Related Tools And Techniques Of Value Analysis

Related Tools and Techniques

This section briefly describes tools and techniques that have been identified by this report. These references may provide useful ‘signposts’ for companies that are considering which tools to use during the process of VA.

Product Platforms

Platform designs offer a high degree of standardization as well as the ability to customize products in the final stages of manufacturing and assembly. This maximizes the number of core items and allows a business to ‘create’ new products with minor modifications. The benefits of this approach are economies of scale associated with core parts, the familiarity of workers through repetitive assembly of these parts thereby gaining efficiency and finally the small inventory requirement to enable customization. An example of a platform strategy would include the development of a stapling device that has an universal pressing  mechanism but has a colour-coded outer cover that allows the product to be customized to the requirements of the purchaser. Another example would be a car company that has many common parts between vehicle ranges (all cars of the same size) but customizes the product to order at the latest possible stage (i.e. adding the specific customer requirements such as airconditioning, CD player, anti-lock brakes).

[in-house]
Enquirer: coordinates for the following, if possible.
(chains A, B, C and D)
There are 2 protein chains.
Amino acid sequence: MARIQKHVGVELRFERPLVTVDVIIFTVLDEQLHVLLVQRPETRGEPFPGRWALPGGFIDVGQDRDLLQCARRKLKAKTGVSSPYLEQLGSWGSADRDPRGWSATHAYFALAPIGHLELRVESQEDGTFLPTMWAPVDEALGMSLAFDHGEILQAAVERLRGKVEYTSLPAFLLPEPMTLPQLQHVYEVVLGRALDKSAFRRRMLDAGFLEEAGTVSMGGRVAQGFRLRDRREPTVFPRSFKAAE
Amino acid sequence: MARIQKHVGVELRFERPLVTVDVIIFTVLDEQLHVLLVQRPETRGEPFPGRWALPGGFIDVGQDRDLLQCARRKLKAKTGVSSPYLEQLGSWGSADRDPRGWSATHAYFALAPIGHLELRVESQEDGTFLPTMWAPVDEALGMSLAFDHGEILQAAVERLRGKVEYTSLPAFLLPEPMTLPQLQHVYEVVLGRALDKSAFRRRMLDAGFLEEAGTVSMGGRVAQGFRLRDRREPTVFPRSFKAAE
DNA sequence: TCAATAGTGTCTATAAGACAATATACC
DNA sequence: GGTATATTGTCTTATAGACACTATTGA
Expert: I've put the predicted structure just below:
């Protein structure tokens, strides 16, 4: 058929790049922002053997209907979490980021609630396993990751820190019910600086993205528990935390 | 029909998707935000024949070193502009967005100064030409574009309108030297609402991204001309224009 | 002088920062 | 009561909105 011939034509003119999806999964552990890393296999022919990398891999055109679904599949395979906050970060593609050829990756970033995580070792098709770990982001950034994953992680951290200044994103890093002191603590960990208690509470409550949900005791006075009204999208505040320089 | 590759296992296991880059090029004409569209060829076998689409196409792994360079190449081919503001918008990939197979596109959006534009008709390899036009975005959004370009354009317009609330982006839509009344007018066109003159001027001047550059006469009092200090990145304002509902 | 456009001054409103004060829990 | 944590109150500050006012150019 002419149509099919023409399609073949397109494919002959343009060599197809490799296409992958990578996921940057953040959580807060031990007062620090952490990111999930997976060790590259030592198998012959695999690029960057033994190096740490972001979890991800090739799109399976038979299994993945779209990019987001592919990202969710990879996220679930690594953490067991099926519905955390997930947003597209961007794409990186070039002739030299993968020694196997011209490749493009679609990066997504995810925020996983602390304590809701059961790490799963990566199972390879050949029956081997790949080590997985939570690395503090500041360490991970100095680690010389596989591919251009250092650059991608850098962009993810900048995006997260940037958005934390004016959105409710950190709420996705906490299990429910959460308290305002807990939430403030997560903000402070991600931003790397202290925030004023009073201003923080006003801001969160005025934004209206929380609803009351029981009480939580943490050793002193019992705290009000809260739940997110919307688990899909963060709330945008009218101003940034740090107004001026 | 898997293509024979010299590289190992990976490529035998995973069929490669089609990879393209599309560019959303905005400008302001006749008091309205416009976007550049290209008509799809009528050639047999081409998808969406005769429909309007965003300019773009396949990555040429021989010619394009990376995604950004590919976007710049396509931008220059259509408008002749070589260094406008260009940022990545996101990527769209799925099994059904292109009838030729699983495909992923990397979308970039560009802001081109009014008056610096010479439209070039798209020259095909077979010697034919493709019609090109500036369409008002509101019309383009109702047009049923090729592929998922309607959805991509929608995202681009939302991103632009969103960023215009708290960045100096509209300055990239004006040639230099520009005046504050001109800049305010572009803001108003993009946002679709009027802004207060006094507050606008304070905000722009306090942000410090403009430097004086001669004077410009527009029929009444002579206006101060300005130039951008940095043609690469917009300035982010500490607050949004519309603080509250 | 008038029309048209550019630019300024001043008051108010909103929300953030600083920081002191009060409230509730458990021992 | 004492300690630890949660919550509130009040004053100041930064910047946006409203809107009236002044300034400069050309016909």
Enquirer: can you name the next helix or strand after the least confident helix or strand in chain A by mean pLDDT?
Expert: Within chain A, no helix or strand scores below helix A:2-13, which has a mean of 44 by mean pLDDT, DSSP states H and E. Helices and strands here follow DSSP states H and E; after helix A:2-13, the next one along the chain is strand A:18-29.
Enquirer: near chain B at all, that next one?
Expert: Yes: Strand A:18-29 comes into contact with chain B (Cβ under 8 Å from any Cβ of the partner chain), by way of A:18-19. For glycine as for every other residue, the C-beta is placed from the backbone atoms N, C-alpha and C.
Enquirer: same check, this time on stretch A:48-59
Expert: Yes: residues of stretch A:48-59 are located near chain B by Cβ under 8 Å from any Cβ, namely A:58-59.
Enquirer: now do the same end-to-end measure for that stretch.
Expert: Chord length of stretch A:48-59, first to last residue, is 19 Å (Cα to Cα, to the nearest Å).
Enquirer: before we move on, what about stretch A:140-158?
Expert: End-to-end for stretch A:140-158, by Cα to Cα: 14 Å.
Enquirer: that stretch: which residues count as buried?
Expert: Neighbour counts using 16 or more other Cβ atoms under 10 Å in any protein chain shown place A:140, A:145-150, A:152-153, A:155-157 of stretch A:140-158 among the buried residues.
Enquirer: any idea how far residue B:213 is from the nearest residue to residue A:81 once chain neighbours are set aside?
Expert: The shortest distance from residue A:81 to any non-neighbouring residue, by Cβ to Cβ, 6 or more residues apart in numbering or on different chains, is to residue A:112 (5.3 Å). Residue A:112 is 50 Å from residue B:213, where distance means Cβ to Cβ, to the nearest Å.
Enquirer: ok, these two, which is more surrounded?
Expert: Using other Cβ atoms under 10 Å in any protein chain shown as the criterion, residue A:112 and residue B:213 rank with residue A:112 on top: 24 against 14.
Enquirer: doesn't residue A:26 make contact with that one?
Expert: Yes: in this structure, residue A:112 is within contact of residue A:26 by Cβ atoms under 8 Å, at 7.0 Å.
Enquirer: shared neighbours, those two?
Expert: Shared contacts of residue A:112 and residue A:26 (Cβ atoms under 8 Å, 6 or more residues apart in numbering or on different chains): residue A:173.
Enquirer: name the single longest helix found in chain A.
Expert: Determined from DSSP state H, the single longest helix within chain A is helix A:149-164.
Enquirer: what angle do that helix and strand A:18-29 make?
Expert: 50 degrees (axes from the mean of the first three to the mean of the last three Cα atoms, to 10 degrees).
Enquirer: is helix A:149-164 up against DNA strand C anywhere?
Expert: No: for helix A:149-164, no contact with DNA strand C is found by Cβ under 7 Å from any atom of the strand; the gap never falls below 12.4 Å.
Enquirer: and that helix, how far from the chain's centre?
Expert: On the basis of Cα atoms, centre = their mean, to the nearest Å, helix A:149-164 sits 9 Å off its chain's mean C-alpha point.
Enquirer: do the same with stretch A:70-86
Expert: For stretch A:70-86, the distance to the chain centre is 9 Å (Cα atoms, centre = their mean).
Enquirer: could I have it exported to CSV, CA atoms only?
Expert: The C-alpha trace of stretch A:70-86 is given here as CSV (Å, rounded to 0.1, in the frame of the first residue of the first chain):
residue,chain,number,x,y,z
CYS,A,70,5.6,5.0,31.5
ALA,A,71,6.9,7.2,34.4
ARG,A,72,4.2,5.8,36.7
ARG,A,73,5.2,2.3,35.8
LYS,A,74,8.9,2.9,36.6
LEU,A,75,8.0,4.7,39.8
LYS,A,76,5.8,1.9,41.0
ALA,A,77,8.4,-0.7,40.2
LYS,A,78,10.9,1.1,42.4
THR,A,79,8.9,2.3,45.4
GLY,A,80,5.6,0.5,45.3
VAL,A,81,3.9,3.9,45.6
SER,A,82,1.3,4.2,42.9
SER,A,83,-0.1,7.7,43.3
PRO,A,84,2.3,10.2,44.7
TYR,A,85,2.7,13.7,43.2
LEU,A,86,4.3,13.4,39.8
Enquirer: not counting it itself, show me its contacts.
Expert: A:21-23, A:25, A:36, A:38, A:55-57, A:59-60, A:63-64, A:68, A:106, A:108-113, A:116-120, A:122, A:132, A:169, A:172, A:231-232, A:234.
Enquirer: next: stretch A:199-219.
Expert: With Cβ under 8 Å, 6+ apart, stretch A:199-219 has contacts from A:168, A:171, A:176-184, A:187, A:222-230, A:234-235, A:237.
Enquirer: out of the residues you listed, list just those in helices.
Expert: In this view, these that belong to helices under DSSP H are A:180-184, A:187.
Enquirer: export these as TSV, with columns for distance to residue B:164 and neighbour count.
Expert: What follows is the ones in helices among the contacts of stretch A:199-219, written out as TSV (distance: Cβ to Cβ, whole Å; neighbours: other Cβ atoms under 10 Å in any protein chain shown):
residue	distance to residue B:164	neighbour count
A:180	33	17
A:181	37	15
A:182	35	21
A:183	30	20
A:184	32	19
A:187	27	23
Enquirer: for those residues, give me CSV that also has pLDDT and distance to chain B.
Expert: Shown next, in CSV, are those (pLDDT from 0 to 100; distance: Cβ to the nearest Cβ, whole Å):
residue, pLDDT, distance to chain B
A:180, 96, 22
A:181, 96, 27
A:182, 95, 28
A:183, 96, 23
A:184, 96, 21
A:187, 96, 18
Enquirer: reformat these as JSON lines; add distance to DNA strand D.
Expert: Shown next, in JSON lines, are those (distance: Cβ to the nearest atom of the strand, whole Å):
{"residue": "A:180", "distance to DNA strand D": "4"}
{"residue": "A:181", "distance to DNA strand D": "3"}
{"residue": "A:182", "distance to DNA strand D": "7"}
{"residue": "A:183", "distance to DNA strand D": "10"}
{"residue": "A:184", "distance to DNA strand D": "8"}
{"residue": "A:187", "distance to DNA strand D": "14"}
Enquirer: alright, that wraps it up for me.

Concurrent/Simultaneous Engineering, Participative Design/Engineering

A practice that involves the participation of all functional areas of the firm in the product design activity as a means to compress the time between concept to launch. Suppliers and customers are often included. The intent is to enhance the design with the inputs of all the key stakeholders. Such a process should ensure that the final design meets all the needs of the stakeholders and should ensure a product that can be quickly brought to the marketplace while maximizing quality and minimizing costs. Synonyms are co-design, concurrent design or engineering, parallel engineering, simultaneous design/engineering, team design/engineering. In the case of a company that manufactures telephone systems this practice reduced the time from design to sales in the market by one third of an existing product.

Quality Function Deployment (QFD)

A methodology designed to ensure that all the major requirements of the customer are identified and subsequently met or exceeded through the resulting product design process and the design and operation of the supporting production management system. QFD can be viewed as a set of communication and translation tools. QFD tries to eliminate the gap between what the customer wants in a new product and what the product is capable of delivering. QFD often leads to a clear identification of the major requirements of the customers. These expectations are referred to as the voice of the customer. For related topics see also ‘House of quality’. This technique, that was developed by Mitsubishi Heavy Industries to design ocean vessels, has been used with tremendous effect by electronics and automotive companies although the technique is now popular in other sectors.

Process Mapping